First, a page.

What’s even better than a #FoodieScore?
Many foodie scores of multiple types all under the same roof!
That’s the kind of culinary delight you find in a place like Morgan Street Food Hall in North Carolina’s capital city of Raleigh.
Morgan Street shares on its website that a food hall differs from a food court. Whereas the latter typically groups various national chain restaurants in one convenient location, often as part of a shopping mall with other kinds of businesses, a food hall offers easy access to an array of unique, locally-owned dining options. The #EatLocal angle certainly appeals to us, as we prefer to support one-of-a-kind restaurants, and we found a smorgasbord of incredible flavors from local businesses at Morgan Street Food Hall.
During a visit to Raleigh’s downtown historical sights one day this summer, we walked about a mile down the street to the food hall for lunch. The building itself is simple and unassuming enough that you wouldn’t expect anything special from the outside. But once inside, your perspective changes as you survey the sights and smells to find almost any menu imaginable.
You’ll find Indian cuisine, sushi and hibachi, and Maine lobster.
Craft burgers, tacos and wood-fired pizza.
Looking for a quick pick-me-up? You’ll also find a coffee shop, specialty teas and other delicacies.
There’s even a bar if you enjoy alcoholic beverages.
And if you save enough room for dessert following a meal, sweet-treat options include rolled ice cream, macaroons and other confections.
The #EatLocal angle certainly appeals to us, as we prefer to support one-of-a-kind restaurants, and we found a smorgasbord of incredible flavors from local businesses at Morgan Street Food Hall.
A food hall is the perfect foodie destination for every kind of diner, from those like my wife Molly and me who enjoy a little bit of everything to those who have more specific tastes.
On our first visit to Morgan Street, Molly sampled Makus Empanadas and I picked up lunch at Cow Bar. After scoping out the entire dining hall together, we diverged to order at the individual vendors and await our orders before reuniting to pick our seats.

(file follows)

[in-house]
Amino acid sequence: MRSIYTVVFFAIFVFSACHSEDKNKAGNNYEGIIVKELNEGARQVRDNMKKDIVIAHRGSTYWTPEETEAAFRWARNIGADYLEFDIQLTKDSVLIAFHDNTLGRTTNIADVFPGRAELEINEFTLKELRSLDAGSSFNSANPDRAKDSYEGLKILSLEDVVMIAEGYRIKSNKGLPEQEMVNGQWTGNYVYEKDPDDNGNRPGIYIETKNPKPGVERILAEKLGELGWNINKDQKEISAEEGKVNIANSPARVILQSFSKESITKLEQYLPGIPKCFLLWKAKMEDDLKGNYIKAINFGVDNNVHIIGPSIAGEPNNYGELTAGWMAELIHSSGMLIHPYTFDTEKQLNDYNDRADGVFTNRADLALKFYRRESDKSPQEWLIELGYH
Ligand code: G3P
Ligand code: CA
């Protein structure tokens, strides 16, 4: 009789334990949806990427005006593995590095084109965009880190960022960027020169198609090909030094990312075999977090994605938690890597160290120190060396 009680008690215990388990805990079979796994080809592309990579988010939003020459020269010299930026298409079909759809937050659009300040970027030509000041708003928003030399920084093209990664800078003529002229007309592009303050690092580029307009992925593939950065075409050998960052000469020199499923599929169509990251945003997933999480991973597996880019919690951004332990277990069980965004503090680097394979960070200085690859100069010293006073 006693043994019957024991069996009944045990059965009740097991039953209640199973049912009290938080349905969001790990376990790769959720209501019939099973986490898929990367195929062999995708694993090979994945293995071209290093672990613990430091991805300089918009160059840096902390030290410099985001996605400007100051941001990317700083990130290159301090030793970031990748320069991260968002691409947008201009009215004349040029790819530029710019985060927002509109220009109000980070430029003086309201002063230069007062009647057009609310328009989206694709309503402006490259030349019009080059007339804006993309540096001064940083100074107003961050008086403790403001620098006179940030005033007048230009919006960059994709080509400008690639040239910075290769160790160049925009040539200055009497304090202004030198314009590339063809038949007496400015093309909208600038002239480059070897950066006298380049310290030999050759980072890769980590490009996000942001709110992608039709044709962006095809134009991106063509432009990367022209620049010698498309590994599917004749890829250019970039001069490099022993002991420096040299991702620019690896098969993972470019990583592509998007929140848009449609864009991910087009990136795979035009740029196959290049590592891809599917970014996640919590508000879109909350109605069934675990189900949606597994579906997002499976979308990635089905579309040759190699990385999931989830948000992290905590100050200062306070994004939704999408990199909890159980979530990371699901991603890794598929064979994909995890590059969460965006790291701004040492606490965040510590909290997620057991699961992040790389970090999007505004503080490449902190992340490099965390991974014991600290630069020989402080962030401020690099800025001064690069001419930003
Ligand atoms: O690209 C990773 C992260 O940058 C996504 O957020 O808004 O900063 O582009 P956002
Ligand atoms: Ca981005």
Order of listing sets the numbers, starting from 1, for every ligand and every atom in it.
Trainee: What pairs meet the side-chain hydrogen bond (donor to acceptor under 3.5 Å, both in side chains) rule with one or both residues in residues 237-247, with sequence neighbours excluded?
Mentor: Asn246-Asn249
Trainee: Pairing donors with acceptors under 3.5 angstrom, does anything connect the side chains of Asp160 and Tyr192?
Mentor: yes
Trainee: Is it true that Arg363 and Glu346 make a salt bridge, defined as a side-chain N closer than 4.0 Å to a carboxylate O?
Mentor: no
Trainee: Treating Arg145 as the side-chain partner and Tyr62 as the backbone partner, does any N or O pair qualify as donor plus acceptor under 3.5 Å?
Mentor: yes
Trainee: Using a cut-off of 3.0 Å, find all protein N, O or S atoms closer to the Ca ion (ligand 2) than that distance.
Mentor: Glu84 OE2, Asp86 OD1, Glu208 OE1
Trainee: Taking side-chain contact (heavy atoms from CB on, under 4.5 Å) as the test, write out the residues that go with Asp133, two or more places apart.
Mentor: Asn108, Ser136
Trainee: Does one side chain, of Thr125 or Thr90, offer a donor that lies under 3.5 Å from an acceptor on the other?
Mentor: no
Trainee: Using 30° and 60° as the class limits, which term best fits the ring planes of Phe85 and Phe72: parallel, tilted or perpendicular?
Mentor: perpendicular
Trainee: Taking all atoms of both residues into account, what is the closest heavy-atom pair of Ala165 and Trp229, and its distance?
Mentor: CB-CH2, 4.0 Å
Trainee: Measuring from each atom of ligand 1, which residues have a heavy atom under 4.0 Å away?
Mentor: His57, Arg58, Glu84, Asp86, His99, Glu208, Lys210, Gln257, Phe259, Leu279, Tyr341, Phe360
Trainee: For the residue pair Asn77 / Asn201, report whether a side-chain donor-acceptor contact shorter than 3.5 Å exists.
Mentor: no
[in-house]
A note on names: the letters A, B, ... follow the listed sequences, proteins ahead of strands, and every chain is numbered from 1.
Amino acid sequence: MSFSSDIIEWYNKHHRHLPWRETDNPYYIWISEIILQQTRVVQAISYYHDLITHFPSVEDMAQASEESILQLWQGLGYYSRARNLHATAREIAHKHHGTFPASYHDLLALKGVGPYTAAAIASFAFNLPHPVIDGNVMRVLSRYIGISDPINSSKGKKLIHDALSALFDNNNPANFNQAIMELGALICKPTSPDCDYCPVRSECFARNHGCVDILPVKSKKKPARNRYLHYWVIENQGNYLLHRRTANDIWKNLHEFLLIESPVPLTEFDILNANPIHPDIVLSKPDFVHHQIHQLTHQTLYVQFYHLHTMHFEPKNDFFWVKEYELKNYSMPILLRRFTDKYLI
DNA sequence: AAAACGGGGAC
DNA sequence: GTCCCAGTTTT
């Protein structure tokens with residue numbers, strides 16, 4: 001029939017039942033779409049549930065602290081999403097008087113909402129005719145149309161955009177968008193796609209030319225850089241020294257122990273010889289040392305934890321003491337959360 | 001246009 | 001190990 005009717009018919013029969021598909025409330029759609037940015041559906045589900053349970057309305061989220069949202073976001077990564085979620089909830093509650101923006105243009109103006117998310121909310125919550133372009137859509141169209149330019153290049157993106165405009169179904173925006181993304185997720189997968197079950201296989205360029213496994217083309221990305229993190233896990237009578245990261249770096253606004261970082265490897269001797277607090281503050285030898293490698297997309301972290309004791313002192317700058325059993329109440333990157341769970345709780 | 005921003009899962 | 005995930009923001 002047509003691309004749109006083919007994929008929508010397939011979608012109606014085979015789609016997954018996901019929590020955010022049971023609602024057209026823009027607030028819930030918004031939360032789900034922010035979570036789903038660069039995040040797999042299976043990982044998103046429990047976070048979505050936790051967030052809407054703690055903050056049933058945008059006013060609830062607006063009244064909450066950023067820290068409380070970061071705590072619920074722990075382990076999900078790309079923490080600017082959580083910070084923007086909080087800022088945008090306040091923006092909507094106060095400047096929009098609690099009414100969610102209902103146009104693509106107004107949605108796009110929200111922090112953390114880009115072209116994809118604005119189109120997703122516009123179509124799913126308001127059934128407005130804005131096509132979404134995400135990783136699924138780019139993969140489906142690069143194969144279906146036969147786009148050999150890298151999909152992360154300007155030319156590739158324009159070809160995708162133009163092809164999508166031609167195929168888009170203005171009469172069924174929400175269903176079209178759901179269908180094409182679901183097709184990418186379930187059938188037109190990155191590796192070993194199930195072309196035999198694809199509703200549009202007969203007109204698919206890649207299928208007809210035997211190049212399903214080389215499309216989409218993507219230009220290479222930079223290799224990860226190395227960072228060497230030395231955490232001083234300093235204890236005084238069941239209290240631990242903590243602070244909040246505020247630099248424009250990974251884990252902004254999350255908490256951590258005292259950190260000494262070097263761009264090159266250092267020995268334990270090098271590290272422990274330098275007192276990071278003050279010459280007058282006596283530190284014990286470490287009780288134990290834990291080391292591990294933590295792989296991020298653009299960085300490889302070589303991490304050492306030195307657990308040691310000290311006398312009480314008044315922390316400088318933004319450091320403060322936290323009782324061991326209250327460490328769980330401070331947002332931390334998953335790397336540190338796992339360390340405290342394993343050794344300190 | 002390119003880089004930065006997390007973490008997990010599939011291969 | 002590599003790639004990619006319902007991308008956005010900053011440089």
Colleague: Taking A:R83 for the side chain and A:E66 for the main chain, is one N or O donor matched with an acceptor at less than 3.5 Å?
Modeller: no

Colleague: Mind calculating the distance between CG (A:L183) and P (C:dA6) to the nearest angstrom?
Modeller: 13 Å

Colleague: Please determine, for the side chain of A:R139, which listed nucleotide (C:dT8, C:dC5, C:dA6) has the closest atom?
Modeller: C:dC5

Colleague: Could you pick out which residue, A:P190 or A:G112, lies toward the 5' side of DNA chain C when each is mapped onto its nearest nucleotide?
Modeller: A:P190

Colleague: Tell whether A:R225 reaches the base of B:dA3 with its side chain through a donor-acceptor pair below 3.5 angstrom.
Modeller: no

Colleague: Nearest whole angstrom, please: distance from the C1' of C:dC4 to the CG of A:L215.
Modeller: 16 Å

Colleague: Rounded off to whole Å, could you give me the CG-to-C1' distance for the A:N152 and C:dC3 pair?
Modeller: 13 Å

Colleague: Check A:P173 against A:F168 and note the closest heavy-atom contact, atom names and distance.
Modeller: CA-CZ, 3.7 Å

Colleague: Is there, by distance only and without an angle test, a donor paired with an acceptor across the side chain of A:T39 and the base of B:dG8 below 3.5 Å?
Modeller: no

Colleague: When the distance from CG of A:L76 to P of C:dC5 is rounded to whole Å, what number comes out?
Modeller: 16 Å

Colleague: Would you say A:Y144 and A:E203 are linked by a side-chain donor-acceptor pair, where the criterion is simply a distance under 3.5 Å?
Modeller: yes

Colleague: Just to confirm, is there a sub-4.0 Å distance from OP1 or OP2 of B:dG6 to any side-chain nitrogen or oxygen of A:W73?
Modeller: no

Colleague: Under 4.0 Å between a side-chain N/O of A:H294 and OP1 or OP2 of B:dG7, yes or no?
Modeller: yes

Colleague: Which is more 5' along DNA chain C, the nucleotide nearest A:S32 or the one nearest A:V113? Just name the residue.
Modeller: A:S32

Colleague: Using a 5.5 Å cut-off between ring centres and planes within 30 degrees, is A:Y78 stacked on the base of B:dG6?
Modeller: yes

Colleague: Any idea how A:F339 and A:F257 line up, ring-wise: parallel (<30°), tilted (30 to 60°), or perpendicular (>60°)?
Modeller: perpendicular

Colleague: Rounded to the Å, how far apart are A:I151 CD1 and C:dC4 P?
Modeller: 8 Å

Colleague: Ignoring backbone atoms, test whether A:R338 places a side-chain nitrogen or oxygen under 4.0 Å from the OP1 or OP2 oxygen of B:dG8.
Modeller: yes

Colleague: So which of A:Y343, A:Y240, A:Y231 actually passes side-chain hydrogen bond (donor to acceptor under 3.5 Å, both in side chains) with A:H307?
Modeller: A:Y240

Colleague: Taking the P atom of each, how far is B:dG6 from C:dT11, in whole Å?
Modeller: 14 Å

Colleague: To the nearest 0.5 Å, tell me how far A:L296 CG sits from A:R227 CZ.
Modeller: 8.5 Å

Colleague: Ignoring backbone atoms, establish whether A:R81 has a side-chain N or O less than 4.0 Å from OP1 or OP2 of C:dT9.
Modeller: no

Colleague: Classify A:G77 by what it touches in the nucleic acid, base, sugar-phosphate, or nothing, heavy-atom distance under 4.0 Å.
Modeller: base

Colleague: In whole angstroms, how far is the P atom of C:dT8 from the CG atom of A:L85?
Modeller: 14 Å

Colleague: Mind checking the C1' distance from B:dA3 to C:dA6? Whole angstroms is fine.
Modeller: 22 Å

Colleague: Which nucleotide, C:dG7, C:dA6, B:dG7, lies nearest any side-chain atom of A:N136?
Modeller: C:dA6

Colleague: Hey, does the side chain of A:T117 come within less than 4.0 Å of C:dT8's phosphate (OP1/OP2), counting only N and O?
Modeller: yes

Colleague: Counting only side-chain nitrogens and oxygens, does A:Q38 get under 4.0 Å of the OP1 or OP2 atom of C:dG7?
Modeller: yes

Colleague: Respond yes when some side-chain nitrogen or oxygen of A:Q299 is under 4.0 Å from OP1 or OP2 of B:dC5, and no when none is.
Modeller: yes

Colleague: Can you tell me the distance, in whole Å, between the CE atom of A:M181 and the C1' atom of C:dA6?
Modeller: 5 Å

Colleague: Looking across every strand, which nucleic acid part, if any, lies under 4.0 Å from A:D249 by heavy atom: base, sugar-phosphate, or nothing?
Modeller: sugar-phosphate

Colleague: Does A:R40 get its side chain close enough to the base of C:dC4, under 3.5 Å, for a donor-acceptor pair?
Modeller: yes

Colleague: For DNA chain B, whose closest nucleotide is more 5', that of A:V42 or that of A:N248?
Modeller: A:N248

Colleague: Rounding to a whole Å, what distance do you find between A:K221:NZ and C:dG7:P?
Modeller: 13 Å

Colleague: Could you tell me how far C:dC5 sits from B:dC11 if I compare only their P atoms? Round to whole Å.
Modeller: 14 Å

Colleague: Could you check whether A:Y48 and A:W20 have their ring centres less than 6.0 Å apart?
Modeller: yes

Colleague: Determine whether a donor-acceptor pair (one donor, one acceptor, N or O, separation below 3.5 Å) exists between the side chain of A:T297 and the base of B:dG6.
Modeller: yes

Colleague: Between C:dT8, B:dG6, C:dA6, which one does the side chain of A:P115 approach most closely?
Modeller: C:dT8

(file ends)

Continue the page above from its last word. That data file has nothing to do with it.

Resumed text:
We ate lunch for about $20 total, including small tips to each restaurant vendor. Molly bought a soda, and I took advantage of the free water on tap in the dining hall for customers.
Molly’s empanadas were splendid, flaky crusts with savory fillings of chicken, beef and spinach, and a side of seasoned black beans. My burger was the perfect combination of fresh beef, melty cheese, soft bun and fresh vegetables, with a side of fresh-cut fries.
Another great thing about Morgan Street Food Hall is that we got a little exercise on the way over and a little on the way back to museums after lunch. Then we added another round of exercise with a walk back in the afternoon to share a coffee-style treat at Raleigh Rolls, a rolled ice cream counter.
We didn’t notice any specific parking for the food hall, but there are plenty of spaces on the surrounding streets. We parked in a pay-by-the-hour lot close to the state’s history and natural science museums, about a mile away.
Food halls often offer several big advantages for diners, and this one in Raleigh is true to that form. Perhaps the biggest positive is that different members of a family can all find the different foods they want for a meal and still eat together at one table. You can even get a little physical activity strolling through town to get there from one of many other attractions.
Our only regret is that the food hall concept on the American East Coast is still relatively confined to big cities. We’ve visited Ponce City Market in Atlanta, Lexington Market in Baltimore, and Reading Terminal Market in Philadelphia, in addition to Raleigh’s Morgan Street Food Hall, and we left each with the joy and pride of experiencing the tastes of local food and the hospitality of local people. That’s the textbook definition of a #FoodieScore, with the added bonus of many great dining opportunities in one place.
Perhaps the biggest positive is that different members of a family can all find the different foods they want for a meal and still eat together at one table.
We observed people of all ages and walks of life during our time at Morgan Street Food Hall, as well as the other markets we’ve explored. That tells us such a dining concept serves everyone in a community.
Many old buildings, such as textile mill factories and former indoor shopping malls, sit vacant throughout the South. We believe some of those spaces would make great food halls as well, with the right investors and the right culinary entrepreneurs. The only other thing needed to make them a success are hungry customers like us and like you!